The Schreyer Conference on Student Leadership Development is taking place today, and Dr. Spanier provided the opening address. Being the President of Penn State for over a decade, as well as his past experiences, gives Dr. Spanier an incredible amount of experience in leadership to share with the audience.
Dr. Spanier mentioned that he receives 20-30 requests to ‘learn how to be a great leader’ from students, faculty, professors and industry personnel each year. People seem to be looking for a formula for leadership, Dr. Spanier remarked.
“There is no formula for how to be a good leader. “
Leaders don’t ‘take the elevator’ to their role, they have to be willing to put in the hard work, to take the stairs.
Leaders have to be willing to get involved in everything, even if it’s beyond the scope of a job description. Dr. Spanier recounted that he’s never asked anyone that reports to him to do something he’s not willing to do, or hasn’t done in the past.
Being a good leader involves good character and skillsets, and critical thinking is an underlying key to leadership. A good leader must be able to take any issue and examine it from every angle. Adding a bit of poignant humor, Dr. Spanier briefly mentioned how the media and politicians today want to publicize ‘leaders’ that are radically on opposite ends of the spectrum on many important issue our society faces. This is unfortunate, because we need good leaders to be able to see these issues from a variety of angles if we ever want to arrive at the best solutions. Dr. Spanier pointed out that this ‘style’ or type of leadership that we find in politics would never work in the corporate world, or in academe.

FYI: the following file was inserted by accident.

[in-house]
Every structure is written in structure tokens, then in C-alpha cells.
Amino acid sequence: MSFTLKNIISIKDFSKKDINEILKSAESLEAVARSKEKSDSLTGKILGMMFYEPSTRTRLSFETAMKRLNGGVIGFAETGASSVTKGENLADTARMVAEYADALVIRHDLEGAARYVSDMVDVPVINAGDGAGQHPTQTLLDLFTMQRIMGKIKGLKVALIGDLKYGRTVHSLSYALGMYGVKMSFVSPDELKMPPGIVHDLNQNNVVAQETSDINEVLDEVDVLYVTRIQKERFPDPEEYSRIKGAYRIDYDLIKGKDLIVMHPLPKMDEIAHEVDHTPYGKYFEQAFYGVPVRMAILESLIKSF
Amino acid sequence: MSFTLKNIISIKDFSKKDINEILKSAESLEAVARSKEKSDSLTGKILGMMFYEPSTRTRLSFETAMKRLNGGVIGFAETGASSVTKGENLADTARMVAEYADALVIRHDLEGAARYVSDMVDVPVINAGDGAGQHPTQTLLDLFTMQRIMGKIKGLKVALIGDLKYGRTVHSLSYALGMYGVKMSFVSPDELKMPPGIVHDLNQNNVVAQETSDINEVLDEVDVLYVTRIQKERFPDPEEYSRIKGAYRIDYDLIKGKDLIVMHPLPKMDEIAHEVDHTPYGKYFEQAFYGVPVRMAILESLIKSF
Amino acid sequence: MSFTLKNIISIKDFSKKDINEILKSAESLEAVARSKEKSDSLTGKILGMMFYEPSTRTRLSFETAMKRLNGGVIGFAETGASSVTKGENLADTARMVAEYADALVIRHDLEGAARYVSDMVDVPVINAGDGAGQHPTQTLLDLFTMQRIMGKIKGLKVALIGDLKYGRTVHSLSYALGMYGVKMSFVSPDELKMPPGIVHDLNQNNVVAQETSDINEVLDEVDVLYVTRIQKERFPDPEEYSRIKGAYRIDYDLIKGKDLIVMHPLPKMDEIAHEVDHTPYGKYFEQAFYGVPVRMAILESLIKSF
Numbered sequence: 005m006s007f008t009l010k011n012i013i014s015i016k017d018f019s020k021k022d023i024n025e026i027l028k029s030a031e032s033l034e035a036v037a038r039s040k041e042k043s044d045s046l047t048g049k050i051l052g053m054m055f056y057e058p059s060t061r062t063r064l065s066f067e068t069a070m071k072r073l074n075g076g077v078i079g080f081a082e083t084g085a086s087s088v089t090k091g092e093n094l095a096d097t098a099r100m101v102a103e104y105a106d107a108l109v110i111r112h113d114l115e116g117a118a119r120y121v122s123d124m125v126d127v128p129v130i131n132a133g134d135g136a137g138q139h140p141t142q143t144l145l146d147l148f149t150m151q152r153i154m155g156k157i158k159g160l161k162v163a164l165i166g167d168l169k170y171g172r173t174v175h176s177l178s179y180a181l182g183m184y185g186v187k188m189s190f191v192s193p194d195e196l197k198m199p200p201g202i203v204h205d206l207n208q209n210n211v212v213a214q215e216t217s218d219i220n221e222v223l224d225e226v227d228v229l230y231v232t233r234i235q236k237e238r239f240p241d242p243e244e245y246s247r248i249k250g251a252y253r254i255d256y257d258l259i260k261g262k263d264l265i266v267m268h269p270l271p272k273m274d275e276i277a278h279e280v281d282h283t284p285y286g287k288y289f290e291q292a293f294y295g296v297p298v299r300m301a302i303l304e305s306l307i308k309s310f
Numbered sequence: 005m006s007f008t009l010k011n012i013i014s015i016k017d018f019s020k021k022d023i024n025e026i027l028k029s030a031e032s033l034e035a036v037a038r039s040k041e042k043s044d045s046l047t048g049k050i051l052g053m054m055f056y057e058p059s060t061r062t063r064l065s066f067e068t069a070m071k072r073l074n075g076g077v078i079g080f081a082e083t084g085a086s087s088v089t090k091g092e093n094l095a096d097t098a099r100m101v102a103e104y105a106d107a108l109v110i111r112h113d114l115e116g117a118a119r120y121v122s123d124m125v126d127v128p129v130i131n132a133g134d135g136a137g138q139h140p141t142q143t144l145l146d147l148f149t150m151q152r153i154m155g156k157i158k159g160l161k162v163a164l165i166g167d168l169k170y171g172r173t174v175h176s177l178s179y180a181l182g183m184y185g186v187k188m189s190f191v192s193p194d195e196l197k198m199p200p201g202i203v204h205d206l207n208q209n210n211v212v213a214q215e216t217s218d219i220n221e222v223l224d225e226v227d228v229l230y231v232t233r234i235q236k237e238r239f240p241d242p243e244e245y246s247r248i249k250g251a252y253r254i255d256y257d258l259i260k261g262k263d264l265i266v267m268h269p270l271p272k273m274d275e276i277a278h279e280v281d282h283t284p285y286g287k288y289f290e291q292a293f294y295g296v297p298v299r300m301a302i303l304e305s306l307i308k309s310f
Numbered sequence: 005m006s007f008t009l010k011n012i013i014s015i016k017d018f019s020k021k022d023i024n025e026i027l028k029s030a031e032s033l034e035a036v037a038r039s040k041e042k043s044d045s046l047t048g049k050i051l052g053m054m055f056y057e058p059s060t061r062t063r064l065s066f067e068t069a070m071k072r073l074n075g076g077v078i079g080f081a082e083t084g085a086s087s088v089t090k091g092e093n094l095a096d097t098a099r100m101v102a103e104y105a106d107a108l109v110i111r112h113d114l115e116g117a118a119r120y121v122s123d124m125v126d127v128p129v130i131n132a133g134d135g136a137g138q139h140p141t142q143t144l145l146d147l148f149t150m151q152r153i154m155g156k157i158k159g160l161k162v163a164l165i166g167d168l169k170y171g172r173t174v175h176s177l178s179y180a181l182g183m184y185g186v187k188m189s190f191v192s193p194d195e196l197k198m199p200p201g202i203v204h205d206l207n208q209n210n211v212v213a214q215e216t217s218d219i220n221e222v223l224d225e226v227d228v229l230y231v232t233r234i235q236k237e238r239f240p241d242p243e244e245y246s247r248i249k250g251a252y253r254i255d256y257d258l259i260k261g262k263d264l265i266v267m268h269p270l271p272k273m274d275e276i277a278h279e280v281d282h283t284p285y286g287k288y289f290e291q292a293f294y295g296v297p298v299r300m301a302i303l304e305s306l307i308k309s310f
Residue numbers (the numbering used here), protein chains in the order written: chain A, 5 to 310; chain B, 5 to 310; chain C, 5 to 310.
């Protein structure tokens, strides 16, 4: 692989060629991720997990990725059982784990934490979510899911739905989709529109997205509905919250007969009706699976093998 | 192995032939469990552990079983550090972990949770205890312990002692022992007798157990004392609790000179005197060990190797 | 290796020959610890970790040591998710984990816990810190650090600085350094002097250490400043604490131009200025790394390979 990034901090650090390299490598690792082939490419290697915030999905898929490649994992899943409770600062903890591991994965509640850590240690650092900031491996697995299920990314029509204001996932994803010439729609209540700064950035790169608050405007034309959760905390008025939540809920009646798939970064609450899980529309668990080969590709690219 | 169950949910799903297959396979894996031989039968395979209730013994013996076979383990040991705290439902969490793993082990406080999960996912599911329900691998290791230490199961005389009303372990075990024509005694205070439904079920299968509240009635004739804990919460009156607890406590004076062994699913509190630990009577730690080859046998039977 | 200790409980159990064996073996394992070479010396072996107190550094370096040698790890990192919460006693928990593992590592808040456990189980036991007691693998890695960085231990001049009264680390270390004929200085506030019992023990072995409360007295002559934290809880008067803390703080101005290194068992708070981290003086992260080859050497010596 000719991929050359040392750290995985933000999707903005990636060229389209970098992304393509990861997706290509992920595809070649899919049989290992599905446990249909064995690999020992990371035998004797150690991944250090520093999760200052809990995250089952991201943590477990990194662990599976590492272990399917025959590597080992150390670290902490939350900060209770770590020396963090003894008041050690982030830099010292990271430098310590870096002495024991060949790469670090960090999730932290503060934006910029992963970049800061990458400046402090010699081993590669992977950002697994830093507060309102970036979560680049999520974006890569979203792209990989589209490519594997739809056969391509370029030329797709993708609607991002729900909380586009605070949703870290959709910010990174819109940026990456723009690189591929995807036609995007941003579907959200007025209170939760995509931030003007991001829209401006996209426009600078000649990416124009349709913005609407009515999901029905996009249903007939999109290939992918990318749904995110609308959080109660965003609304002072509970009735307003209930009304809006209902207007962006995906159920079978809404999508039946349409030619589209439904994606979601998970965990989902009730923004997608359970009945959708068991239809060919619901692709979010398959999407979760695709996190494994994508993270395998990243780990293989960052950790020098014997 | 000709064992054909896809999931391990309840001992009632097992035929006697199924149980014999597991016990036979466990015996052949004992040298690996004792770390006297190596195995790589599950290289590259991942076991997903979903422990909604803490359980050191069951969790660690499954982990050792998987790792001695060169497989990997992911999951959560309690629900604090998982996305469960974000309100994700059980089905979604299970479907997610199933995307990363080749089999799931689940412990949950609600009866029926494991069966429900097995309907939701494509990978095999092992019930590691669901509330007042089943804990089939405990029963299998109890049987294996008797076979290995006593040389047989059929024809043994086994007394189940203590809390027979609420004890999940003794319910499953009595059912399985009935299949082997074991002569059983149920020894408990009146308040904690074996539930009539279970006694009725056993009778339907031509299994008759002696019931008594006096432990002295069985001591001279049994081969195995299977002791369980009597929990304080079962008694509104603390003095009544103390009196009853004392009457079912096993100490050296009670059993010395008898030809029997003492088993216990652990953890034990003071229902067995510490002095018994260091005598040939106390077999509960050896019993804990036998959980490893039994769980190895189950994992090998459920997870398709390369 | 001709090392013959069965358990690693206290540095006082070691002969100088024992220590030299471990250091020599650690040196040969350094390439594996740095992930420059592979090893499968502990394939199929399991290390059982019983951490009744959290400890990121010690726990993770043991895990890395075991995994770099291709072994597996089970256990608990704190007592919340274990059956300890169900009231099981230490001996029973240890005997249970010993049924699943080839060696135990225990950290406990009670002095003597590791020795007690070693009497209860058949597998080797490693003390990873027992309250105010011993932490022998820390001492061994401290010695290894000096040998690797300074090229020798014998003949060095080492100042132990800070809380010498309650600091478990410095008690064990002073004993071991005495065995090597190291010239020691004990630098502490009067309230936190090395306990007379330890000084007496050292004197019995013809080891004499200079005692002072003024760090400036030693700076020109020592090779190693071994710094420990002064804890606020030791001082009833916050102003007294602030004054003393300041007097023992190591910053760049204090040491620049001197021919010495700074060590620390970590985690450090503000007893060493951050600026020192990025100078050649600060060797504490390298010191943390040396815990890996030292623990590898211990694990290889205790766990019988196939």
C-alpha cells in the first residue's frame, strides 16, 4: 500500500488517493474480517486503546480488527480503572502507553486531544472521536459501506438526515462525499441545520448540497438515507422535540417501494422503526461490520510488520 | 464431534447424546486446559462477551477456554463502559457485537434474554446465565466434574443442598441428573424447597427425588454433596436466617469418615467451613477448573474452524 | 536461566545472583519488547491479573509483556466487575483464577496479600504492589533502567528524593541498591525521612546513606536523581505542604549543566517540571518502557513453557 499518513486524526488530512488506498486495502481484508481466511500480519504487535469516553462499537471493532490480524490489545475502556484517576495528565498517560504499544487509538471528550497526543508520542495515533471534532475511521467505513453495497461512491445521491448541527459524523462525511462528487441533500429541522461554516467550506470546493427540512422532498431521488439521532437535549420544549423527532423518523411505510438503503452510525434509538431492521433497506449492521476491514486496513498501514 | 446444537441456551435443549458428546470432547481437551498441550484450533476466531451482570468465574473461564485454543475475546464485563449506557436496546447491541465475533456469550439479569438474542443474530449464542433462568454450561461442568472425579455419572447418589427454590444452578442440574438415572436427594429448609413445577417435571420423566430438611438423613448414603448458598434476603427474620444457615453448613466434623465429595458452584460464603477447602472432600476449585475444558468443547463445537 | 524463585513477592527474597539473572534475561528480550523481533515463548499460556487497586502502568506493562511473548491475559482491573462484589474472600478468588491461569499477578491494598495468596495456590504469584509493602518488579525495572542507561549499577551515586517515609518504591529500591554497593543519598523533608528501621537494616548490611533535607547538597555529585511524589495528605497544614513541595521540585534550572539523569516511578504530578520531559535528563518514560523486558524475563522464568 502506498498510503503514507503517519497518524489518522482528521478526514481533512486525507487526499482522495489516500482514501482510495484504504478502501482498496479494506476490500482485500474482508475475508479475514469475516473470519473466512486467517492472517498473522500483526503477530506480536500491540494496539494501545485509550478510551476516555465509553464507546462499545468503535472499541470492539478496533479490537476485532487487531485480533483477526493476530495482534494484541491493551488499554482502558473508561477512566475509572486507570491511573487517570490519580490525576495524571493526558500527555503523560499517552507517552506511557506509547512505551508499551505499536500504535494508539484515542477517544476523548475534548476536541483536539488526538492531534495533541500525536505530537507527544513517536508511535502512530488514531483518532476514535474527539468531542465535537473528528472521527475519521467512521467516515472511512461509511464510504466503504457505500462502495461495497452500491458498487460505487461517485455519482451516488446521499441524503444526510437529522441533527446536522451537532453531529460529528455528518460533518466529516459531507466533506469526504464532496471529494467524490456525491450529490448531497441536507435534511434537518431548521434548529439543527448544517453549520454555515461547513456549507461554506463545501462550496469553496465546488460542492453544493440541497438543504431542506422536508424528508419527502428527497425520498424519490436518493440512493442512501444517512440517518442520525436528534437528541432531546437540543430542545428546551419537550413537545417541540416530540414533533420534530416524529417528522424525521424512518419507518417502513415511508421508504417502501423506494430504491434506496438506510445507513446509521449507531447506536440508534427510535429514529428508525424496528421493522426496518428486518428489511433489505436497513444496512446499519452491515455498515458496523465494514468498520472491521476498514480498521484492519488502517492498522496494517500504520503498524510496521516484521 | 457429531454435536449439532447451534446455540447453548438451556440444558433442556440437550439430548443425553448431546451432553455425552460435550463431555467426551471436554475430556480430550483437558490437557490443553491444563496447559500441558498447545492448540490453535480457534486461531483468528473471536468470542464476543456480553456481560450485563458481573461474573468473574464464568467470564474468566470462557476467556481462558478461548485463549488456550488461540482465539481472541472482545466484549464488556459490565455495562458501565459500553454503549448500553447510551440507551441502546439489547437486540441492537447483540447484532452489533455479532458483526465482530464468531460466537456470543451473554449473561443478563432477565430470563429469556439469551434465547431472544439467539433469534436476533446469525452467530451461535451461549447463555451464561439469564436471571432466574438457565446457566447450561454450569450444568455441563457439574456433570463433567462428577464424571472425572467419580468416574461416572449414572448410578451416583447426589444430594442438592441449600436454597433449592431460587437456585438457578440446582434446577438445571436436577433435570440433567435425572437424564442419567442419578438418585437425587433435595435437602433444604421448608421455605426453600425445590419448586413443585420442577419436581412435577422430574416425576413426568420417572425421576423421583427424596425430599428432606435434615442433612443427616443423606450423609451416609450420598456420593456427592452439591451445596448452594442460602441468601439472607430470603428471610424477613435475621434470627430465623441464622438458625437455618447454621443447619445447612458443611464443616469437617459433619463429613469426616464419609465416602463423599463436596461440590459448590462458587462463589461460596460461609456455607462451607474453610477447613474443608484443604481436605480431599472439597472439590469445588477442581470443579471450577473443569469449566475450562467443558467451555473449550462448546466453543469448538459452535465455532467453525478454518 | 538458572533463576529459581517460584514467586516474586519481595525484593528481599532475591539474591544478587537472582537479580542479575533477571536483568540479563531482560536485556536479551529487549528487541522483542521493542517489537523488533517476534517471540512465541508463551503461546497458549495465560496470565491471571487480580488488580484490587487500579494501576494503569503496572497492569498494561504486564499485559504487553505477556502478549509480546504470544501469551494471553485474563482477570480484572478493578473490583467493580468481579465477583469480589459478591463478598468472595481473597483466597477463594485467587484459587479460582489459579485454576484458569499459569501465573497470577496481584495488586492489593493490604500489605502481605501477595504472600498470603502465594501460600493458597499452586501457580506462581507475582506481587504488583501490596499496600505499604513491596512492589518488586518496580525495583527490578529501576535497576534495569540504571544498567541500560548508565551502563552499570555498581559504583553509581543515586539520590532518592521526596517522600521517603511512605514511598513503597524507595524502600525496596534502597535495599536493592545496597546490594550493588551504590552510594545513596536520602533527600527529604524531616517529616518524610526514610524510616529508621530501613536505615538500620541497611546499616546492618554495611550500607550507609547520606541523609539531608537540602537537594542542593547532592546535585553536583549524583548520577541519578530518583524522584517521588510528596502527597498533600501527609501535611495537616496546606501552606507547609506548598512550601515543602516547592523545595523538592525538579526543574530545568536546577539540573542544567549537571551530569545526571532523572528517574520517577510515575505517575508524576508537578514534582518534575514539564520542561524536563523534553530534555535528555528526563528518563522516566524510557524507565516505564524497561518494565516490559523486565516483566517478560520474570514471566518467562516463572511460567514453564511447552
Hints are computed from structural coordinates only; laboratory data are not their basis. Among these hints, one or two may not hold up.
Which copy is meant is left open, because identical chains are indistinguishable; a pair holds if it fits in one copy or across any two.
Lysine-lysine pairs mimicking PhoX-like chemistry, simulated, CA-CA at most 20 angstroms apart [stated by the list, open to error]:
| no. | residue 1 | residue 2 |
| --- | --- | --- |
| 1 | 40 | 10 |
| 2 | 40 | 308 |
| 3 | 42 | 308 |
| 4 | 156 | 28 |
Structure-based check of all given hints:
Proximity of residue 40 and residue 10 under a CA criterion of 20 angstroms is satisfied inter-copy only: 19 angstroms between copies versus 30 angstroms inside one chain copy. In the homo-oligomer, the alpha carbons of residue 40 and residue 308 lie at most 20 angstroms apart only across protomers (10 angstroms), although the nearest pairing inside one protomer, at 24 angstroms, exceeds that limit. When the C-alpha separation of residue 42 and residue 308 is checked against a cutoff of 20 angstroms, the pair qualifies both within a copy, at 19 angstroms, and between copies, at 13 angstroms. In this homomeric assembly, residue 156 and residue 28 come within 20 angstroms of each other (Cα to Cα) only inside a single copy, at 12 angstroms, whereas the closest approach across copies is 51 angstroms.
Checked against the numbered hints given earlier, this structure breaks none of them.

Dr. Spanier closed with a story about the Prime Minister of Bhutan, a small country in South East Asia. The Prime Minister was a graduate student at Penn State, and during his studies he was asked by his department to be a representative at the Graduate Student council and other graduate student events. Eventually, he was asked if he would be the president of the Graduate Council. Now, in public discussions, the Prime Minister readily admits that he would not be in the position of leadership he is in today if it were not for the leadership experiences found at Penn State.
“Very often, small gestures have grand consequences”, Dr. Spanier remarked, and asked all in attendance to encourage our students to get more involved with leadership opportunities both with the University, as well as with local communities.